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Don’t jump to conclusions.

We operate an income tax business and yesterday was tax filing day in the US.  Our tradition is to take everyone in our family out to dinner and so we gathered at a very popular restaurant near our home.  It was so crowded that we had trouble getting Nick’s wheelchair through the tables to where we were to sit.  One kind woman even stood up and moved her chair out of the way to clear a path.  I sometimes get concerned that Nicks loud vocalizations and odd actions will cause others to feel uncomfortable.  Friends of mine have told me to stop worrying about that, but it is just how I am.

So everything was going fine, Nick was being pretty good and we were all having fun.  It seemed to be taking a long time for our food to arrive so the kids were getting antsy and wiggly.  I was talking to my grandson explaining some reasons why it was taking so long to cook our order when I noticed unusual quick movement from Nick’s general direction.  After years of being on seizure watch, I immediately feared the worst.  Adrenaline flowing, I quickly moved from my grandson towards Nick to observe him.  Yes Nick’s arm was rapidly jerking up and down in seizure like motions.  But, he was holding onto his napkin, that was unusual.  For a moment I couldn’t understand what was happening.

Arden must have noticed my expression because he said, “Isn’t Nick being so nice to Martha?”  I said, ” what do you mean?” Nick heard me and said, “Martha is hot, I cool her off.”  I guess that she had mentioned that it was warm in the restaurant and Nick decided to use his napkin to fan her and cool her off.

As my heart rate gradually returned to normal, I was able to congratulate him on his kindness and thoughtfulness towards Martha.   It really was sweet.  She appreciated it.

I also realized how quick I am to react to his possible seizure activity.  I want to be able to be ready to take care of him when the occasion requires and I also hope to be able to scale back my knee-jerk reactions at the same time.  It is a balancing act that I have yet to master.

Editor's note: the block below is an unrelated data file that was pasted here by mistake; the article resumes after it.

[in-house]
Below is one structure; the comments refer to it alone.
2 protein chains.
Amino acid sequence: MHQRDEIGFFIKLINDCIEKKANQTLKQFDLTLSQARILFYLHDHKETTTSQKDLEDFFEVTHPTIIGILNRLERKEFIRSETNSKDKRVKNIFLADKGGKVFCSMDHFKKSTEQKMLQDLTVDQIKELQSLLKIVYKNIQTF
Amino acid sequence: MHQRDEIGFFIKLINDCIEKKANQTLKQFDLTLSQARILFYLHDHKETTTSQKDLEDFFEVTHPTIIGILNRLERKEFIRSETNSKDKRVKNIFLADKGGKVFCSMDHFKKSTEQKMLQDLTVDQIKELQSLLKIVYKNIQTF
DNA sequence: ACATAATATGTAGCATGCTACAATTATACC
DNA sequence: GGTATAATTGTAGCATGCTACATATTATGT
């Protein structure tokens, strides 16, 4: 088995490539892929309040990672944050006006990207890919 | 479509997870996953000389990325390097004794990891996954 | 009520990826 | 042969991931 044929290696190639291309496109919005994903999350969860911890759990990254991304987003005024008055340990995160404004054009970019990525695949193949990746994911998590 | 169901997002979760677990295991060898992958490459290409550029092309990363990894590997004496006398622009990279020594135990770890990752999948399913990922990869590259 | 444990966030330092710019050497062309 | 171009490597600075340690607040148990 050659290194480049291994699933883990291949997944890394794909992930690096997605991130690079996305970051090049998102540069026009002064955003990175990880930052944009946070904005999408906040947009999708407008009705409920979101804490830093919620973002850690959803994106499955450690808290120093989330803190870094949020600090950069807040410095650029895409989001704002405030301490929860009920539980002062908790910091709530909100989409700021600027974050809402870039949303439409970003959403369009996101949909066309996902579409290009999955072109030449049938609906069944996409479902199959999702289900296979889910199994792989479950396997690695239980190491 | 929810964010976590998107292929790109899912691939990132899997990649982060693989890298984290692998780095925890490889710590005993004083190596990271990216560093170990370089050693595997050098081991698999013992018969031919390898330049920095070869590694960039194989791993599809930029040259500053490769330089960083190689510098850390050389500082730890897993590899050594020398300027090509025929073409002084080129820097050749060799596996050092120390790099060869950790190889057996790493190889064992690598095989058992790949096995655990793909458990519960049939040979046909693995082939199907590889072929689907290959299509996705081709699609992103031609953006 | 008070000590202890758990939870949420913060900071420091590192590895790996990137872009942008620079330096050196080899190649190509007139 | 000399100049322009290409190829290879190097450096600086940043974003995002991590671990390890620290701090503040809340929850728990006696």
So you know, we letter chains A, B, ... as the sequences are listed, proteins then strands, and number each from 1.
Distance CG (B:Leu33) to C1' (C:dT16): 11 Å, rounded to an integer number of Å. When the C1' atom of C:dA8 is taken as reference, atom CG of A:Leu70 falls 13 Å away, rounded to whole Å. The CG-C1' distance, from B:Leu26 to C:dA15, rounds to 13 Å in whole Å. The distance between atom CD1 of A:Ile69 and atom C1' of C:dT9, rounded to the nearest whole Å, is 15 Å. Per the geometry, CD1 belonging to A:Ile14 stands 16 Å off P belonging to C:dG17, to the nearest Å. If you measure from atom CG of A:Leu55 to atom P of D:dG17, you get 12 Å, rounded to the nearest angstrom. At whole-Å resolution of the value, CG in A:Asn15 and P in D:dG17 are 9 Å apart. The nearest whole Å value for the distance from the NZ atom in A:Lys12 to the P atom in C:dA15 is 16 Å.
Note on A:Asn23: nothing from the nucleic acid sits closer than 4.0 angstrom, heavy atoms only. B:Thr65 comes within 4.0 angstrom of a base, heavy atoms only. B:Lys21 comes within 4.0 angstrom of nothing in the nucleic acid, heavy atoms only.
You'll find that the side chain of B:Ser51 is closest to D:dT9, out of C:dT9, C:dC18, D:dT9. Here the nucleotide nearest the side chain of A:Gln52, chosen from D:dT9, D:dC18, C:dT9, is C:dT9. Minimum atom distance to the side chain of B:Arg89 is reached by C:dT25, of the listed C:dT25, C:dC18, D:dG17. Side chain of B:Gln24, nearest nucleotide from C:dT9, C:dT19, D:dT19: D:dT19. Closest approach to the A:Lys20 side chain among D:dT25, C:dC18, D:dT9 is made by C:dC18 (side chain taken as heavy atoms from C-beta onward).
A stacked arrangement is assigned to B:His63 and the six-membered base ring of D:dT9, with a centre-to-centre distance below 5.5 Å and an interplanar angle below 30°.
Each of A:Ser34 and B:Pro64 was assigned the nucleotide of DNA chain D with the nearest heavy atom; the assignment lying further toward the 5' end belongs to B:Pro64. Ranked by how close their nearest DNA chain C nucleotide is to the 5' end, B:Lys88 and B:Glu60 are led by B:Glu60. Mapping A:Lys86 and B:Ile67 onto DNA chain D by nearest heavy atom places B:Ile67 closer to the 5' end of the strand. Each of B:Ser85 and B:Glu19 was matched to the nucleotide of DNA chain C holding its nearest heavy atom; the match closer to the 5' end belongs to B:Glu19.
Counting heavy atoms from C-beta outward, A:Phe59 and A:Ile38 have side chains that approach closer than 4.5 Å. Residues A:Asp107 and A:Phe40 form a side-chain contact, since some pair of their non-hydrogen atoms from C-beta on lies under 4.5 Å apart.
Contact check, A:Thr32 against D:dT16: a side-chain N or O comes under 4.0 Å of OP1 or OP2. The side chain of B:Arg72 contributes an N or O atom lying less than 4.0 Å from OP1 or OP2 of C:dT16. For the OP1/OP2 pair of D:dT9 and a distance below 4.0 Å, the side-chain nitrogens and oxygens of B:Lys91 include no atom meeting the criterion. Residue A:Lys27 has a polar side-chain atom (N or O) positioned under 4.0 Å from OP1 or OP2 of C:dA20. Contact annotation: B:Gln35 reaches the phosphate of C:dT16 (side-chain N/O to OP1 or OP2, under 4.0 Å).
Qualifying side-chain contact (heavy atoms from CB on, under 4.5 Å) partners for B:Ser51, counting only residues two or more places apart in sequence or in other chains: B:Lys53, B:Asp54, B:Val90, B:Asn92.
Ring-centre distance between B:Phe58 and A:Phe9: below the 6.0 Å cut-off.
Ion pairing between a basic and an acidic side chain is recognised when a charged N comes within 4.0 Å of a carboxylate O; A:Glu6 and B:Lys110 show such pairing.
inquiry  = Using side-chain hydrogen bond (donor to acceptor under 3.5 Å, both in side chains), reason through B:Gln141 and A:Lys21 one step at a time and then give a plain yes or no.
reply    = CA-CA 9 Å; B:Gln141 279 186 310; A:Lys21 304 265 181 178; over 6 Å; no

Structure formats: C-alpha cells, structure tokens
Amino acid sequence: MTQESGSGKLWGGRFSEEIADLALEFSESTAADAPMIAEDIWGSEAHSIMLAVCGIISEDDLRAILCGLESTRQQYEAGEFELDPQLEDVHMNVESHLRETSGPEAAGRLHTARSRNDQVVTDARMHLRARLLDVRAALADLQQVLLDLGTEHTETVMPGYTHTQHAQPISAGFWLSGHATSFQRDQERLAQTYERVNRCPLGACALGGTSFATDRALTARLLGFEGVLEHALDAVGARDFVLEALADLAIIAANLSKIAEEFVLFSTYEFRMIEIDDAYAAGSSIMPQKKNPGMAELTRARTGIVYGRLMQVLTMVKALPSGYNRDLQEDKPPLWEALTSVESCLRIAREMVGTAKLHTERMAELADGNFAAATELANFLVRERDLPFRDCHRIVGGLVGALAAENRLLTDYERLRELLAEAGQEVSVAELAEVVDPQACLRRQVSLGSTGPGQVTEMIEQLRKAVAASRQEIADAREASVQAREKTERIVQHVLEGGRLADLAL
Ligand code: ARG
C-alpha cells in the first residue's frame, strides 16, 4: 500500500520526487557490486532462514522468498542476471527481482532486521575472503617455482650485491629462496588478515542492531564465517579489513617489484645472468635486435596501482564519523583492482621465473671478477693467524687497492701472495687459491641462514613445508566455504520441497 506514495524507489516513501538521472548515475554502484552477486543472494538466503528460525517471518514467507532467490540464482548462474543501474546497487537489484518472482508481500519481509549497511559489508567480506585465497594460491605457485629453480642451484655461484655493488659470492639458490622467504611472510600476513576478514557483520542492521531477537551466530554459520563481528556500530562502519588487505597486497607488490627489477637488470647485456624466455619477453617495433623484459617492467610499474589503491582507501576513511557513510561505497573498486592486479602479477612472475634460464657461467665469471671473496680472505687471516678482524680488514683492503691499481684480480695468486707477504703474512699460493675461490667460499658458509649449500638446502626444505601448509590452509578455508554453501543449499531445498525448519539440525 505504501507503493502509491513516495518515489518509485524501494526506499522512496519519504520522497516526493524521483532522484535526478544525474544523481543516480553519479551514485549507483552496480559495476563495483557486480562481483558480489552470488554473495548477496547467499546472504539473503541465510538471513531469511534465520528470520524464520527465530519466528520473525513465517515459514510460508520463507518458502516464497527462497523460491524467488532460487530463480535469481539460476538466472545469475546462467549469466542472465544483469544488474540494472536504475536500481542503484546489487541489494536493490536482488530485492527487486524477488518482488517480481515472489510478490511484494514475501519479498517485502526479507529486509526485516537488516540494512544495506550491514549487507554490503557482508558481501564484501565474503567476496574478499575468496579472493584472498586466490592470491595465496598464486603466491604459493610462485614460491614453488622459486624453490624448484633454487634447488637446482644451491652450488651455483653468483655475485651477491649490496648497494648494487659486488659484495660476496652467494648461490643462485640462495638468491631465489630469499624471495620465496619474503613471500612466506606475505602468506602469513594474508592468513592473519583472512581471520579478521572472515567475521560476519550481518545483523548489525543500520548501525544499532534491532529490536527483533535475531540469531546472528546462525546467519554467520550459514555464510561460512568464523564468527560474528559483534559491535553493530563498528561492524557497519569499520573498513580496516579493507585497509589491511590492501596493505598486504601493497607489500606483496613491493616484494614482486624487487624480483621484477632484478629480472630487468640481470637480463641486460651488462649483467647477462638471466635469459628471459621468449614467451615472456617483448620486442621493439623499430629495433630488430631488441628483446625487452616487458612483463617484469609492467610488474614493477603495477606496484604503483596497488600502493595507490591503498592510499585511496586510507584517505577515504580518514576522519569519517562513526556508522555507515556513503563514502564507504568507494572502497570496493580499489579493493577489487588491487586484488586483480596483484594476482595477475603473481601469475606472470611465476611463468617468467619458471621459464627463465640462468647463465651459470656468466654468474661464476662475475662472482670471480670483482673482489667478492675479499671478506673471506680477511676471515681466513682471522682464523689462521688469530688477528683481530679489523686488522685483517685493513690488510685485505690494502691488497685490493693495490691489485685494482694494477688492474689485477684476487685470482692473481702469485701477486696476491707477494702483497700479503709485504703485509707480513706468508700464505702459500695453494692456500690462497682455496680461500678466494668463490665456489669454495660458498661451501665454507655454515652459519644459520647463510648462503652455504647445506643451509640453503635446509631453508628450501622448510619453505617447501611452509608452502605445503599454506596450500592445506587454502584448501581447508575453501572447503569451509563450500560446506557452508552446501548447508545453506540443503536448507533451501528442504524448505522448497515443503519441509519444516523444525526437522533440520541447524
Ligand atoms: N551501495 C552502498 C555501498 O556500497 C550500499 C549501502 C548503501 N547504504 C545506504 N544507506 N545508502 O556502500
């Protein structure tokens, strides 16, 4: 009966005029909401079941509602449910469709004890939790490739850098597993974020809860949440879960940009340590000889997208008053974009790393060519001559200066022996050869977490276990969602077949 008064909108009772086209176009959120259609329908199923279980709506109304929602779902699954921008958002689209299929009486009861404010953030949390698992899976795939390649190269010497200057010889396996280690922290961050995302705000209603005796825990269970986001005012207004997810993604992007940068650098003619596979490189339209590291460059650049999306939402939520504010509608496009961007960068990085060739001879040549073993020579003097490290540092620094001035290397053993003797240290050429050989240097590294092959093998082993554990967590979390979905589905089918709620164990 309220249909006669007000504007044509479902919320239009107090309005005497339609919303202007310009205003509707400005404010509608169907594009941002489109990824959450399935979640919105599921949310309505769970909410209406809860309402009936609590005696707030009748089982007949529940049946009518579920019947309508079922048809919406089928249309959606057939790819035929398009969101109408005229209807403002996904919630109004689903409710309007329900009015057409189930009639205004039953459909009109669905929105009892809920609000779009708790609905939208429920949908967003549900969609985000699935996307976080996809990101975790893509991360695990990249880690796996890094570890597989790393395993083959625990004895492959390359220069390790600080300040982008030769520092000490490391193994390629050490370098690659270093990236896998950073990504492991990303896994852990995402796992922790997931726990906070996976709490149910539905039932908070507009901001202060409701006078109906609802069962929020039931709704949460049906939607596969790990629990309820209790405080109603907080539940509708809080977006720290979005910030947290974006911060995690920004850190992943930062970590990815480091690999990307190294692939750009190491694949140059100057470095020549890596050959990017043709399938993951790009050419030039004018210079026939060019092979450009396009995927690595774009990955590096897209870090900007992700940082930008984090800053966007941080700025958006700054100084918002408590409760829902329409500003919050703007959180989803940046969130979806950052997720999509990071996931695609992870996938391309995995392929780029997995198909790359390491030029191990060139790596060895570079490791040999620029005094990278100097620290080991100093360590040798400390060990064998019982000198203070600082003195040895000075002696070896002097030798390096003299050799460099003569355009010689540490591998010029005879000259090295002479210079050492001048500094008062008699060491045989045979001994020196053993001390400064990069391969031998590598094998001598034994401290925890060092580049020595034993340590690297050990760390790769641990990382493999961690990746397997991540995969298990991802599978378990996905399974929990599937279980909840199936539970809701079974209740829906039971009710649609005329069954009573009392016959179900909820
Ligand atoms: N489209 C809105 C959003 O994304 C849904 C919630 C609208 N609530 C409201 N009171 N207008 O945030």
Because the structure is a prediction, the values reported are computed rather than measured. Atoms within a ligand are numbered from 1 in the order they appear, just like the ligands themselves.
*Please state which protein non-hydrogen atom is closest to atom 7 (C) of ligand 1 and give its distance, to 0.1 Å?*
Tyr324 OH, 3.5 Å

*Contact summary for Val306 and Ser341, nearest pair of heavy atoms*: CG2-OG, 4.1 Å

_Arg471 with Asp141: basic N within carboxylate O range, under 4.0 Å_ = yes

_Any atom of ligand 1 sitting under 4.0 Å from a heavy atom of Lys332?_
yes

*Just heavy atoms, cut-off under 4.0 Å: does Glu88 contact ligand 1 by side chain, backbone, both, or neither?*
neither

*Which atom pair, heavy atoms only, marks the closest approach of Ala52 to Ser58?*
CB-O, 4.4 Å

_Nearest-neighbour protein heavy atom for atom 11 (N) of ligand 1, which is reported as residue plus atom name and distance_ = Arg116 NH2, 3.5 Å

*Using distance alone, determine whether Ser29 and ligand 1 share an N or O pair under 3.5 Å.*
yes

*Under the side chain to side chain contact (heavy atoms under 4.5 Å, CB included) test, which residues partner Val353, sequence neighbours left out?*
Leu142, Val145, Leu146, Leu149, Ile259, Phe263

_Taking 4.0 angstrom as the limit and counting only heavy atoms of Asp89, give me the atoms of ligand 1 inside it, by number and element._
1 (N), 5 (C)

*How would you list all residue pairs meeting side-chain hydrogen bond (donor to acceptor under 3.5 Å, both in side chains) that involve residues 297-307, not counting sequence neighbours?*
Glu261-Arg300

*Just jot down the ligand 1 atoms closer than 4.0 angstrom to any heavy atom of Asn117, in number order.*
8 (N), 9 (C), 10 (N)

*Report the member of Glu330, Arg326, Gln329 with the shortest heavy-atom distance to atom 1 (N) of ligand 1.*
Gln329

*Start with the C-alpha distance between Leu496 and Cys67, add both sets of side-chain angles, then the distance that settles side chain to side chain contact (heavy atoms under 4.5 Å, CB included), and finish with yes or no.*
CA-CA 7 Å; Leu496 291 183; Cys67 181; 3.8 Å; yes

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Announcing that I have finished a book with the working title of “The Fairy Fort.” I am currently pitching it to publishers. Keep checking back to watch the progress of my newest novel.

Here is a quick glimpse of the story.

Sarah Doherty is an 18-year-old living in rural Ireland at the tail end of the Great War. Plagued by severe epilepsy, she is protected by her parents and lives a sheltered, secluded, lonely life. The Fae, local Irish fairies, interfere with her life. She falls forward a century in time through the local fairy fort of standing stones. She had a seizure in 1918 and woke up in 2020. The 21st century world includes life-saving prescriptions, physical comforts and the independence and freedom she seeks. The locals are welcoming and Andy Mclaughlin, a handsome young historian, is intriguing. She doesn’t want to return home.

Then a letter arrives from Boston divulging the story of Sarah and Andy’s lives that are deeply entwined in the previous century. They are not yet in love but as they seek to verify the letter through online resources, they feel a growing obligation to their unborn family and to each other. What would happen to their posterity living in Boston if they don’t return to 1918? Even if they do make it back, her parents can never know what happened to her or that would change everything.

This Young Adult time-travel romance explores the question: Do we have the freedom to make choices or is free will an elaborate illusion?

This is my third book. I love reading time travel romances. I am an advocate for epilepsy awareness because my 43-year-old son has intractable epilepsy. As a genealogist specializing in Irish research, I live part of the year in the village where the story is based. I wrote the book to help young adults understand that difficult situations can change your life. Sometimes miraculously.